New York Times
By JOHN MARKOFF
Vast Spy System Loots Computers in 103 Countries
TORONTO — A vast electronic spying operation has infiltrated computers and has stolen documents from hundreds of government and private offices around the world, including those of the Dalai Lama , Canadian researchers have concluded.
In a report to be issued this weekend, the researchers said that the system was being controlled from computers based almost exclusively in China , but that they could not say conclusively that the Chinese government was involved.
They found that three of the four control servers were in different provinces in China — Hainan, Guangdong and Sichuan — while the fourth was discovered to be at a Web-hosting company based in Southern California.
The researchers, who are based at the Munk Center for International Studies at the University of Toronto, had been asked by the office of the Dalai Lama, the exiled Tibetan leader whom China regularly denounces, to examine its computers for signs of malicious software, or malware.
Their sleuthing opened a window into a broader operation that, in less than two years, has infiltrated at least 1,295 computers in 103 countries, including many belonging to embassies, foreign ministries and other government offices, as well as the Dalai Lama’s Tibetan exile centers in India, Brussels, London and New York.
The researchers, who have a record of detecting computer espionage, said they believed that in addition to the spying on the Dalai Lama, the system, which they called GhostNet, was focused on the governments of South Asian and Southeast Asian countries.
Intelligence analysts say many governments, including those of China, Russia and the United States, and other parties use sophisticated computer programs to covertly gather information.
The newly reported spying operation is by far the largest to come to light in terms of countries affected.
This is also believed to be the first time researchers have been able to expose the workings of a computer system used in an intrusion of this magnitude.
Still going strong, the operation continues to invade and monitor more than a dozen new computers a week, the researchers said in their report, “Tracking ‘GhostNet’: Investigating a Cyber Espionage Network.” They said they had found no evidence that United States government offices had been infiltrated, although a NATO computer was monitored by the spies for half a day and computers of the Indian Embassy in Washington were infiltrated.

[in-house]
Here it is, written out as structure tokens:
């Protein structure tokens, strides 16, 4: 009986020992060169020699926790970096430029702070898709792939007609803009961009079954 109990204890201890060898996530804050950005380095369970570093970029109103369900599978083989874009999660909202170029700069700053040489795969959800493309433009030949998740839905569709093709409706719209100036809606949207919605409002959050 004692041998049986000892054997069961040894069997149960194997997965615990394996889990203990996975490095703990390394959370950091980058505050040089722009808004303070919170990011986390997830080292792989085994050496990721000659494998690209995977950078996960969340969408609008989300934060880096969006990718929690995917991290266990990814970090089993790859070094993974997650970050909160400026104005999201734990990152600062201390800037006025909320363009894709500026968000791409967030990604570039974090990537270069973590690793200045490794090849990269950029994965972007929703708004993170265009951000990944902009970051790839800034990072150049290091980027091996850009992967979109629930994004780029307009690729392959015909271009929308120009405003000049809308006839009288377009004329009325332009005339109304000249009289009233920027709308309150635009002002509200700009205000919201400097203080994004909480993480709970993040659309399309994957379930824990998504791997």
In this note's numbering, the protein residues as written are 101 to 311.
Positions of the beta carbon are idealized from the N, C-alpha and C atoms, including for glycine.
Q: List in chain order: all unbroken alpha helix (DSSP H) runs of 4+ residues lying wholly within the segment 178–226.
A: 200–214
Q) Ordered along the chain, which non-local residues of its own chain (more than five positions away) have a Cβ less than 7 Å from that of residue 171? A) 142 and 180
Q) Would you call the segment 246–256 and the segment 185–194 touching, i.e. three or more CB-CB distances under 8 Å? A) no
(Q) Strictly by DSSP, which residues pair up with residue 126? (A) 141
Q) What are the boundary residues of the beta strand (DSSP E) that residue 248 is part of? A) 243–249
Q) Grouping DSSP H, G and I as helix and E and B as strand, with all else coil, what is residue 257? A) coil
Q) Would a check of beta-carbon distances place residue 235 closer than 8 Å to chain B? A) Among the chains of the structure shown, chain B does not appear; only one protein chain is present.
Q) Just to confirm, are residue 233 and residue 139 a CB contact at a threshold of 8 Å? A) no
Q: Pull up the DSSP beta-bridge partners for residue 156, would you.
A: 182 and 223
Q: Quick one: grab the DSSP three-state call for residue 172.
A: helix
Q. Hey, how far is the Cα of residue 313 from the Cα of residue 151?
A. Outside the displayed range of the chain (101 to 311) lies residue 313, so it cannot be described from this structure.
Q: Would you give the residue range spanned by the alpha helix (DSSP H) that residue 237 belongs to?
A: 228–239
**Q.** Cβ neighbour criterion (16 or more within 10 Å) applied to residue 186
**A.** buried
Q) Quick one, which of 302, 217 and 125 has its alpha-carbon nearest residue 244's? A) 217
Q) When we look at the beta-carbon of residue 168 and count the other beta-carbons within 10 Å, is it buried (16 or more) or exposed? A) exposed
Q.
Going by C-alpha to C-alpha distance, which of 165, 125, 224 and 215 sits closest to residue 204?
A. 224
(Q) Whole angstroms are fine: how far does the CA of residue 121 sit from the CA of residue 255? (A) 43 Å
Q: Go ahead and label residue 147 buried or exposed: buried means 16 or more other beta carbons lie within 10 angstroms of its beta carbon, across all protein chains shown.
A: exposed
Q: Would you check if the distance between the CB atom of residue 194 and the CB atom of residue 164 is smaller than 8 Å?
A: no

The malware is remarkable both for its sweep — in computer jargon, it has not been merely “phishing” for random consumers’ information, but “whaling” for particular important targets — and for its Big Brother-style capacities. It can, for example, turn on the camera and audio-recording functions of an infected computer, enabling monitors to see and hear what goes on in a room.
The researchers were able to monitor the commands given to infected computers and to see the names of documents retrieved by the spies, but in most cases the contents of the stolen files have not been determined. Working with the Tibetans, however, the researchers found that specific correspondence had been stolen and that the intruders had gained control of the electronic mail server computers of the Dalai Lama’s organization.
The Toronto researchers said they had notified international law enforcement agencies of the spying operation, which in their view exposed basic shortcomings in the legal structure of cyberspace. The F.B.I. declined to comment on the operation.
“We’re a bit more careful about it, knowing the nuance of what happens in the subterranean realms,” said Ronald J. Deibert, a member of the research group and an associate professor of political science at Munk. “This could well be the C.I.A. or the Russians. It’s a murky realm that we’re lifting the lid on.”
At the same time, two computer researchers at Cambridge University in Britain who worked on the part of the investigation related to the Tibetans, are releasing an independent report . They do fault China, and they warned that other hackers could adopt the tactics used in the malware operation.
“What Chinese spooks did in 2008, Russian crooks will do in 2010 and even low-budget criminals from less developed countries will follow in due course,” the Cambridge researchers, Shishir Nagaraja and Ross Anderson, wrote in their report, “The Snooping Dragon: Social Malware Surveillance of the Tibetan Movement.”
Back in Toronto, Mr. Walton shared data with colleagues at the Munk Center’s computer lab.